Monday, 4 November 2013

TSE & Anor v News Group Newspapers Ltd [2011] EWHC 1308 (QB)

TSE & Anor v News Group Newspapers Ltd [2011] EWHC 1308 (QB) (23 May 2011): "It is now clear the test is whether the Claimant had a reasonable expectation of privacy in relation to the information in question. See McKennitt v Ash [2008] QB 73 per Buxton LJ (with whom Latham and Longmore LJJ agreed, at para 11, further cited in Murray at para 27). The question is objective. As Lord Hope put it in Campbell v MGN Ltd [2004] 2 AC 457: "The question is what a reasonable person of ordinary sensibilities would feel if she was placed in the same position as the claimant.." In Murray v Express Newspapers Ltd [2009] Ch 481 the Court of Appeal stated: "The question of whether there is a reasonable expectation of privacy is a broad one, which takes account of all the circumstances of the case. They include the attributes of the claimant, the nature of the activity in which the claimant was engaged, the place at which it was happening, the nature and purpose of the intrusion, the absence of consent and whether it was known or could be inferred, the effect on the claimant and the circumstances in which and the purposes for which the information came into the hands of the publisher.." [para 36]" 'via Blog this'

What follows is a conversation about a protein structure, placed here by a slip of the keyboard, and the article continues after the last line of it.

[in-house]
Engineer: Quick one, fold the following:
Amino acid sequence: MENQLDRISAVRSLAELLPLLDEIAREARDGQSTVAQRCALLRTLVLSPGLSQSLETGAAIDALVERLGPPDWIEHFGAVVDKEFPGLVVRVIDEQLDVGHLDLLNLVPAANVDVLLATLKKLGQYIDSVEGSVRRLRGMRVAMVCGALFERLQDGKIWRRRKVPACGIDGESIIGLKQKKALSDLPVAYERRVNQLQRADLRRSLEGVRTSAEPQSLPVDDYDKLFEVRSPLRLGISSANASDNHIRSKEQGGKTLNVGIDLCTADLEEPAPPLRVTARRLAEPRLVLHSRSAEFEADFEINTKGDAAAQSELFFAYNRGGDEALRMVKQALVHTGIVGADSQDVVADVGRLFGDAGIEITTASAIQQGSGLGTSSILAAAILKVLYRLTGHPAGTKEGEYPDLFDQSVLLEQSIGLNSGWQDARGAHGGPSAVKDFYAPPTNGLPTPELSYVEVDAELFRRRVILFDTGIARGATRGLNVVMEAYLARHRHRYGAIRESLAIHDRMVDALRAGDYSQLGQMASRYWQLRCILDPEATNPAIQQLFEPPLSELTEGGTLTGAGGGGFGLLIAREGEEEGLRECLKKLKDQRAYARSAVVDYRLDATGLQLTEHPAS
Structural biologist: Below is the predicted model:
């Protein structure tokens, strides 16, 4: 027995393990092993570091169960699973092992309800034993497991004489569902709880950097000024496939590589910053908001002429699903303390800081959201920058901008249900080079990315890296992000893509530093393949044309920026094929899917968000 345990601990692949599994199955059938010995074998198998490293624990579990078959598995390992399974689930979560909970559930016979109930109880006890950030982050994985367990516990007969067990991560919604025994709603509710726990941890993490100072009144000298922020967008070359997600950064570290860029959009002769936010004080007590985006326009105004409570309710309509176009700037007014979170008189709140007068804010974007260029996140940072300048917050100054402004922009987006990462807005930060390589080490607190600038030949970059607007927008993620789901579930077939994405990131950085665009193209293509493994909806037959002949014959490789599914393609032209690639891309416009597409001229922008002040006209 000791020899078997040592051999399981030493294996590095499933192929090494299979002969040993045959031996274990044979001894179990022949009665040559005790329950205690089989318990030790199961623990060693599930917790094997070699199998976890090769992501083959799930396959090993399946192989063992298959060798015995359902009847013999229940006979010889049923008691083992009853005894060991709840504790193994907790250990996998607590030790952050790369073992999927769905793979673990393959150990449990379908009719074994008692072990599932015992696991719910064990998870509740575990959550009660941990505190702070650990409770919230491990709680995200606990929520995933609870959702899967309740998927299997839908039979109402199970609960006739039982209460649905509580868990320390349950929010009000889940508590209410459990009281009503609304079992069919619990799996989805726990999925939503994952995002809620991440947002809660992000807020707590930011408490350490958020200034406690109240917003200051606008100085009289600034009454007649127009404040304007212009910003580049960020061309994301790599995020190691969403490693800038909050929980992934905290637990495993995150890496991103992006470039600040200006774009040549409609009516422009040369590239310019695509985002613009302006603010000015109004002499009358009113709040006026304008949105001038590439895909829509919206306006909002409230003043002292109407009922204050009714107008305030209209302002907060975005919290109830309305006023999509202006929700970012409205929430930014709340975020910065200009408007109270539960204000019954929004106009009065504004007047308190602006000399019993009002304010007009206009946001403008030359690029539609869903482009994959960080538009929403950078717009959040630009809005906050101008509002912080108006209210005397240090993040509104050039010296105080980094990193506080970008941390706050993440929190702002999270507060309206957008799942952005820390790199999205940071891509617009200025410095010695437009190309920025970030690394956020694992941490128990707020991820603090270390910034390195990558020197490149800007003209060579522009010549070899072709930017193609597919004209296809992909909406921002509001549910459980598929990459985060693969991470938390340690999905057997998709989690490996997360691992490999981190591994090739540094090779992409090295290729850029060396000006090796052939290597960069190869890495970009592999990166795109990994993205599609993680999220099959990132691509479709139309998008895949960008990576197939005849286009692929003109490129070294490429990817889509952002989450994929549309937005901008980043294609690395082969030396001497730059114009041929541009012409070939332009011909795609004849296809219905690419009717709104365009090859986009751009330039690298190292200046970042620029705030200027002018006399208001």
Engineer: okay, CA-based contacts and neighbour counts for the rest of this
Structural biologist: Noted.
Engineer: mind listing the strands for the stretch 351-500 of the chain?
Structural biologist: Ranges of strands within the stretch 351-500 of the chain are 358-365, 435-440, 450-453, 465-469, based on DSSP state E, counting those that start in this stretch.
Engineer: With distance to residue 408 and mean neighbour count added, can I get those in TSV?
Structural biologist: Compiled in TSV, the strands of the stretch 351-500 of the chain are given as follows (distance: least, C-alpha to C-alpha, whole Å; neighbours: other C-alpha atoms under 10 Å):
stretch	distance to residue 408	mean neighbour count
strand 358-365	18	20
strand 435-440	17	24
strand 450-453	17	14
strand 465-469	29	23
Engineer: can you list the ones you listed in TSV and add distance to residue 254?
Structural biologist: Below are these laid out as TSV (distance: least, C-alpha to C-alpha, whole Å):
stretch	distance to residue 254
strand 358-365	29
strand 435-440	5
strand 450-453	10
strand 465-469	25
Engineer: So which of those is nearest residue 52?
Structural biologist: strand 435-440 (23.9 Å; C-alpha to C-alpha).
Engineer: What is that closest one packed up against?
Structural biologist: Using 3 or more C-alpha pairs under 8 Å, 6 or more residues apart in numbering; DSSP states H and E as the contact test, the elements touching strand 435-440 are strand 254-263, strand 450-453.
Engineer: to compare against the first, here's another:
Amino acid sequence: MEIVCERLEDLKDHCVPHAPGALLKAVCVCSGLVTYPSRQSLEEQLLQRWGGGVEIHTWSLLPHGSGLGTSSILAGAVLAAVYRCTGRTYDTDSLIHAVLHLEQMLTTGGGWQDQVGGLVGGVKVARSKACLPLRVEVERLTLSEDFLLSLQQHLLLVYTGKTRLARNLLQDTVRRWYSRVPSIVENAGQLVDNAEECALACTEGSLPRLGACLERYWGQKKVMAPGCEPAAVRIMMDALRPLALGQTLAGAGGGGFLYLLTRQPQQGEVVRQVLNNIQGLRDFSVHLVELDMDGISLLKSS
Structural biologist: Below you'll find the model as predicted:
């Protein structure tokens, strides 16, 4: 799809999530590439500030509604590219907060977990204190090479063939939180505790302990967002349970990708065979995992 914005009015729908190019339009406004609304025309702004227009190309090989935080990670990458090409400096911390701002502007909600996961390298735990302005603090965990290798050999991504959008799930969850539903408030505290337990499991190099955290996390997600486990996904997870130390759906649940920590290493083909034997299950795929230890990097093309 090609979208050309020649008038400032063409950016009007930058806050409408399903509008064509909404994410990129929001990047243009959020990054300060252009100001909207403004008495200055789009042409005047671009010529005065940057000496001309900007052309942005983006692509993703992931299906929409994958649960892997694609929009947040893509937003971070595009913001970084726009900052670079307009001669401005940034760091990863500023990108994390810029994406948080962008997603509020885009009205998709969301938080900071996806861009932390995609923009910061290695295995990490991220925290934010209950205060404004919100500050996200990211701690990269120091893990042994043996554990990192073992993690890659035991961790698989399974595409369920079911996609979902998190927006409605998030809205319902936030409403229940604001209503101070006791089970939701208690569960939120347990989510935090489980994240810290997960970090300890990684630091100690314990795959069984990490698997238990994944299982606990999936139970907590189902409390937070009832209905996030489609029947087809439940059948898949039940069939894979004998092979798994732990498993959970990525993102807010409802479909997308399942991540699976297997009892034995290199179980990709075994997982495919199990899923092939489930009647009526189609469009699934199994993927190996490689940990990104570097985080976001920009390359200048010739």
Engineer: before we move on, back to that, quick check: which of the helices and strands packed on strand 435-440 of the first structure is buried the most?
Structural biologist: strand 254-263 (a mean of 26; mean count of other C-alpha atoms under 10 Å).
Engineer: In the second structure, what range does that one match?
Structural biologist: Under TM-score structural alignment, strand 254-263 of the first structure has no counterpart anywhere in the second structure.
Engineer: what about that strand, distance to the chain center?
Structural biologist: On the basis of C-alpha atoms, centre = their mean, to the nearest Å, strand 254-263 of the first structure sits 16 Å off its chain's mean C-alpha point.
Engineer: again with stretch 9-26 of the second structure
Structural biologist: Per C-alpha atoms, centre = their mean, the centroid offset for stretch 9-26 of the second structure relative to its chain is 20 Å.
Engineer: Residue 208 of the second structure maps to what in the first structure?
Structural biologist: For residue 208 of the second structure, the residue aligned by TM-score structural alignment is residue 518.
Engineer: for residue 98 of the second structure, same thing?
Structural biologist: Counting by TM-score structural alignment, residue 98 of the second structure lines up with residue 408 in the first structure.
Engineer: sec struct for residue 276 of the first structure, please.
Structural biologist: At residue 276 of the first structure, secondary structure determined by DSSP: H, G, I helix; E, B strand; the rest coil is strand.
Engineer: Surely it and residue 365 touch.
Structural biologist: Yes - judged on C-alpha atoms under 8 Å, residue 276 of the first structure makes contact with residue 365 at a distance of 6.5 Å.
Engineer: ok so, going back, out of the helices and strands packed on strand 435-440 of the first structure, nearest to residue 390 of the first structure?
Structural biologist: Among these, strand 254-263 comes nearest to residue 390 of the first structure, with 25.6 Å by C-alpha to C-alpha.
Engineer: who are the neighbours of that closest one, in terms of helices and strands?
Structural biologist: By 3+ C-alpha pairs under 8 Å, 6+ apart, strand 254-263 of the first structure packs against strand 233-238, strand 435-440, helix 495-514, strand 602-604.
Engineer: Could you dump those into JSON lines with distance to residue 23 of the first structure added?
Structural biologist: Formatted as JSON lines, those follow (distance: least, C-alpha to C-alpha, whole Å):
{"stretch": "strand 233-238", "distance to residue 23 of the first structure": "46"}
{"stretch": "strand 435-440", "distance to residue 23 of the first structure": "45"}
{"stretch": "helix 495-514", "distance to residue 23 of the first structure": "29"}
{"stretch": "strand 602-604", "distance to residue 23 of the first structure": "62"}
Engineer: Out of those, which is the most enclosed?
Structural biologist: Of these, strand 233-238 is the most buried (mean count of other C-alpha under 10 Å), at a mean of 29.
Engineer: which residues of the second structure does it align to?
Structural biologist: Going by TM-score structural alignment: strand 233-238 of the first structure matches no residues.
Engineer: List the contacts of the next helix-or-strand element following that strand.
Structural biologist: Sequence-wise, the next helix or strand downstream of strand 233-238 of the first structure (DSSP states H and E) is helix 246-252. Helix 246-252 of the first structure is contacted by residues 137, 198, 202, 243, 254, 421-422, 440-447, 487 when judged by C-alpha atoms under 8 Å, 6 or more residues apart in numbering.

Superinjunctions, gagging orders and injunctions: the full list

Superinjunctions, gagging orders and injunctions: the full list | Siobhain Butterworth & Maya Wolfe-Robinson | Law | theguardian.com: "Disclosure in the public interest is one of two main defences to privacy actions (the other is that the information is already in the public domain). Where, as in Ferdinand's case and Max Mosley's, a privacy case goes to trial, the public interest defence is usually argued vociferously. We might ask then, out of interest, how often did editors put forward a public interest defence in the spate of privacy injunctions that produced so much sound and fury only a short while ago?" 'via Blog this'

Google Still Taking a Beating Over Max Mosley S&M Party Search Results

Google Still Taking a Beating Over Max Mosley S&M Party Search Results - Search Engine Watch (#SEW): "Google said in a French court this week that it had removed hundreds of pages for Mosley and stands ready to remove others he identifies, but that the law does not support his demand for the creation of "an unprecedented new Internet censorship tool," according to Bloomberg." 'via Blog this'

Saturday, 2 November 2013

Leveson Report: Cross Party Royal Charter

Leveson Report: Cross Party Royal Charter - Publications - GOV.UK: "Following further discussions on independent press self-regulation based on the Leveson Report, this final version of the Royal Charter has been agreed by all three political leaders and will now be taken forward.
Amendments made since the 11 October 2013 publication are explained in the accompanying Explanatory Note" 'via Blog this'

Thursday, 31 October 2013

Playing for Time: The Politics of the Press Regulation Debate